Spaceship One

Brett Snyder, The Cranky Flier himself, joins as this Episode’s guest to talk about his new venture, Cranky Concierge. This service provides a real, live airplane dork (his term!) who is available to support you when traveling by air. You can ask yourself why the airlines don’t provide this kind of service for their customers, but you can probably answer your own question!

Follow the @AirplaneGeeks on Twitter, send us email at thegeeks@airplanegeeks.com, or leave us voice mail at (361) GEEKS01 [thats (361) 433-5701].

This episode’s opening and closing music is provided by Brother Love from the Album Of The Year CD. Visit his site at http://www.brotherloverocks.com/.

3 Responses to “Episode 68 – Cranky Yet Again”

  1. Student…Master….

    Er, does that mean that Rob is really my father???

    October 14th, 2009 | 10:07 pm
  2. [...] In some of the most recent episodes of Airplane Geeks, I’ve been accused of blatant self promotion and a total lack of understanding about the fine line between truly funny radio and lame humor. I want it known right here and now, that if you do listen to that most recent episode of Airplane Geeks, you’ll hear someone promoting himself much more than I ever could. Brett Snyder, AKA the Cranky Flier, did a way better job of promoting himself than I ever have. Of course, he did have a pretty cool new service as a topic this week, something that really helps. [...]

    October 15th, 2009 | 4:47 pm
  3. maxflight

    [Philip sent this in. "PCDU" is the Plane Crazy Down Under podcast produced by our friends Grand and Steve.]

    Hey Geeks/PCDU Guys!

    I just listened to PCDU episode 9 (trying to catch up) and wanted to correct something that Rob had said. You were all discussing the combination of civilian and military controllers in Australia, and asked how that worked here in the US. First of all, when military aircraft are flying in the National Airspace System over the Continental United States, they are being handled by civilian ATC centers. They might be communicating via UHF radio instead of VHF, but they are speaking to the same controllers. An exception to this might be while inside an active Military Operations Area (MOA). I’m not 100% sure on this one, but I believe that when the MOA is ‘cold’, it is controlled by civilian controllers in the controlling facility. When it is ‘hot’, all aircraft (civil and military) in that airspace are controlled by military controllers. Like I said, I’m not completely sure on this one, but I think that’s the way it works.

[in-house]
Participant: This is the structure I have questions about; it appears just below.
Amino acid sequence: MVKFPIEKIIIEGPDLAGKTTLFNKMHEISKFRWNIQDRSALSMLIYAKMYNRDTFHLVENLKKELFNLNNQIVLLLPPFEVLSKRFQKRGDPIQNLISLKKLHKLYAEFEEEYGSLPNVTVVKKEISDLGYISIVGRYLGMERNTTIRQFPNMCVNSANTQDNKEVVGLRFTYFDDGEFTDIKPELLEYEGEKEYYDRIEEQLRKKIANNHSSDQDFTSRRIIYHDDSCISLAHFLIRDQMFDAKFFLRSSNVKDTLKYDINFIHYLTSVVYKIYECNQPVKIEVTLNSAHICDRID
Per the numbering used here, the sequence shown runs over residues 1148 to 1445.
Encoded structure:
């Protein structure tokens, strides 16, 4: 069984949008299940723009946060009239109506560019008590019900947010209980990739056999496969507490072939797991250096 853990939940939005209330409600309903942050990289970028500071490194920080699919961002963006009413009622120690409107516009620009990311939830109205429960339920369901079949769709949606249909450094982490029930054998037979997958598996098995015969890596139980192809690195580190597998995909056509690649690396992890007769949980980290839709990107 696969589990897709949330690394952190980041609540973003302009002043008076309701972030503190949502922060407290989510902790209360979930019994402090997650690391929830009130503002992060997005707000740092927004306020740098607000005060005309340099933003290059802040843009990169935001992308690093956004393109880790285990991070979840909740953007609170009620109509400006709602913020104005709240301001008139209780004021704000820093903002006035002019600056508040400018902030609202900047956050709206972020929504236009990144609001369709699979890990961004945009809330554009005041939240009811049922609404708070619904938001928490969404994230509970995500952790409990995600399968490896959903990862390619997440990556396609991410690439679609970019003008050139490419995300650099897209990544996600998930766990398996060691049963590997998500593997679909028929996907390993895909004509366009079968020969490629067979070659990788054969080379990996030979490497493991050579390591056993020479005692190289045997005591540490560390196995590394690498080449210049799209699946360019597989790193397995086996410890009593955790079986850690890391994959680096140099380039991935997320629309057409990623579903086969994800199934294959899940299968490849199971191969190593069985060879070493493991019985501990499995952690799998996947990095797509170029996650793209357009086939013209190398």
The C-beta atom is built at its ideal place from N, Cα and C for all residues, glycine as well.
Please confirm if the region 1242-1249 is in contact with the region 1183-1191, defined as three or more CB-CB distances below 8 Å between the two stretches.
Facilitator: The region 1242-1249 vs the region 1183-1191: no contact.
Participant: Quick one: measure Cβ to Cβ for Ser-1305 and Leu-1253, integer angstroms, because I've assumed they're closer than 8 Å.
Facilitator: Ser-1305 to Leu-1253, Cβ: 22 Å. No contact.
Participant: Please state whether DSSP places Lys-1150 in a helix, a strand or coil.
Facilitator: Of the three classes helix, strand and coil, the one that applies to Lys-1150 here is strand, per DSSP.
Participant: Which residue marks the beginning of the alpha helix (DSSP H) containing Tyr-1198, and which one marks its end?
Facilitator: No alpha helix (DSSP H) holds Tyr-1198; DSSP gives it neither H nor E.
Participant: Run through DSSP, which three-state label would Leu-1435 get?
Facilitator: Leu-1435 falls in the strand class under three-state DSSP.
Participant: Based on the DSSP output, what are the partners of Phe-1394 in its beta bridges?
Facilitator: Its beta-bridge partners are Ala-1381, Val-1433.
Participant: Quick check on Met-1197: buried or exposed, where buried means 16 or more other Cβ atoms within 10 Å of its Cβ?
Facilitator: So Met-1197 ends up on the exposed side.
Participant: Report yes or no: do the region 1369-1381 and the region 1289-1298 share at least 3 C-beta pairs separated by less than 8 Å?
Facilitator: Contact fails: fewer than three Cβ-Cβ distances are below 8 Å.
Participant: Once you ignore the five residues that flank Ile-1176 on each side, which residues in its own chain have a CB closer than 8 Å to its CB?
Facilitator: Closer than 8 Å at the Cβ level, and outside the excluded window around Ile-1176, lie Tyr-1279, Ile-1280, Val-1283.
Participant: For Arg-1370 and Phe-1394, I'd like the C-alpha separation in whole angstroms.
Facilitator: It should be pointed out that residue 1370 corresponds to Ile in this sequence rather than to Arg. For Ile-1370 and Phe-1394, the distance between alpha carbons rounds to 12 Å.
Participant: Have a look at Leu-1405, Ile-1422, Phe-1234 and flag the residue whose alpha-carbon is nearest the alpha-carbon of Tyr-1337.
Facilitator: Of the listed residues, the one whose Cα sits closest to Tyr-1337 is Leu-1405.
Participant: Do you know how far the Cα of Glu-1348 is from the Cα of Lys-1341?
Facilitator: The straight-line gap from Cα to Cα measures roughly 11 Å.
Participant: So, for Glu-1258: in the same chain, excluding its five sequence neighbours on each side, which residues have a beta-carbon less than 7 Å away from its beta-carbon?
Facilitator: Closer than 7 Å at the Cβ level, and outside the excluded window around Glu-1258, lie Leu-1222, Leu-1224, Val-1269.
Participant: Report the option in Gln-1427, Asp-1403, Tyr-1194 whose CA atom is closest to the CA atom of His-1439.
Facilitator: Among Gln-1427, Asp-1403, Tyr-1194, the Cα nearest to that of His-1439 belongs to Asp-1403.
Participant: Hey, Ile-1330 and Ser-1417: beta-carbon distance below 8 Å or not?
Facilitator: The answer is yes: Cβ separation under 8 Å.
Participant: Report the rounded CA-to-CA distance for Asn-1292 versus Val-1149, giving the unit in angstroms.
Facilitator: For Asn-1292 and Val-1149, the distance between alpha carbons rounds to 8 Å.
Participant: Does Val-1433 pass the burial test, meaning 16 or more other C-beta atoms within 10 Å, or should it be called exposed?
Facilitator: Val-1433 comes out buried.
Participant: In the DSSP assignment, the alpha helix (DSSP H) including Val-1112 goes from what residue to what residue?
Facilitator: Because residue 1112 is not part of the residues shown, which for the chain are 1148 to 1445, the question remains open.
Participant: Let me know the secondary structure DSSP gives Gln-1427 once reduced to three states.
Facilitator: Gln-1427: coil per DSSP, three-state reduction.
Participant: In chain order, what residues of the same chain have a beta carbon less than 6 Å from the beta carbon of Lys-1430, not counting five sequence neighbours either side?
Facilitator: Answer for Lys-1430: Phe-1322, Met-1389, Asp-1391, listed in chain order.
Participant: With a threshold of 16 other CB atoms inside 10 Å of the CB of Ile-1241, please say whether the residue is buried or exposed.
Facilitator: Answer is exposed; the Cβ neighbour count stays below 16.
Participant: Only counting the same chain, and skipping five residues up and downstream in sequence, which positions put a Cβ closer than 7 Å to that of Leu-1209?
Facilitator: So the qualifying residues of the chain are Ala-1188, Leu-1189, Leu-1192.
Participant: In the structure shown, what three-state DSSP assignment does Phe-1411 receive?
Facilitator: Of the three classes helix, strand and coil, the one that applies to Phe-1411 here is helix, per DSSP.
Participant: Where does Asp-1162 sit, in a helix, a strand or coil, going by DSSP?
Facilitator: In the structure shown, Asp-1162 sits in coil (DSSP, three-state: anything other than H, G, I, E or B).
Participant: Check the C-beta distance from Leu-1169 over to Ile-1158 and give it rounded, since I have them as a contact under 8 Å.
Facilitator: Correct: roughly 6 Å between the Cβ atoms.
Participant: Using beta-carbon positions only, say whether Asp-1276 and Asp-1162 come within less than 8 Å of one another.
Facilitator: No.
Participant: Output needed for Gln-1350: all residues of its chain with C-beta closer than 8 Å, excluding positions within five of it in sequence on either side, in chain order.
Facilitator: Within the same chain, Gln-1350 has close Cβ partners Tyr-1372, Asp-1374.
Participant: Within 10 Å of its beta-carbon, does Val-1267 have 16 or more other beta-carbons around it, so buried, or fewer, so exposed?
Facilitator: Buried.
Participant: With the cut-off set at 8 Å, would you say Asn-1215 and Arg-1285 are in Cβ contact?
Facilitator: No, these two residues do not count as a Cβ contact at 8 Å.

The thing that Rob said which I take issue with was his comment about a joint-use airport needing to be controlled by military ATC in the tower. This is not the case everywhere. Most notably where I’m from (Houston, TX) is Ellington Airport – formerly home of the 147th Fighter Wing (now the 147th Reconnaissance Wing), an Army National Guard Helicopter Squadron, and I believe a US Coast Guard Air Station. This is also home to a civilian flight school, sees a lot of business jet traffic, is Houston’s home of the Collings Foundation (with a F-4 Phantom and an A-4 SkyHawk), has a squadron of Oklahoma ANG F-16’s stationed there to patrol the airspace over the Johnson Space Center, is home to NASA’s training fleet (T-38’s, a WB-57, the Gulfstream space shuttle simulator, and frequently sees the Super Guppy come in), and at one time had airline service (a Continental Express shuttle that ran back and forth to IAH on the other side of town). Not only is the tower at this airport staffed by civilians, but it’s not even an FAA tower – it’s a contract tower. They do a great job of handling the wide mix of aircraft and most certainly do not sit there ‘not knowing what to do’ when a flight of F-16’s come in to make their overhead break and land.

    Look into the Mid-America Airport/Scott AFB outside of St. Louis, MO in Belleville, IL. That is also a joint-use airport and I believe the tower there is civilian-staffed as well.

    Aside from that, it was a great show. I enjoyed hearing all of you banter back and forth and converse in real time.

    October 15th, 2009 | 6:04 pm
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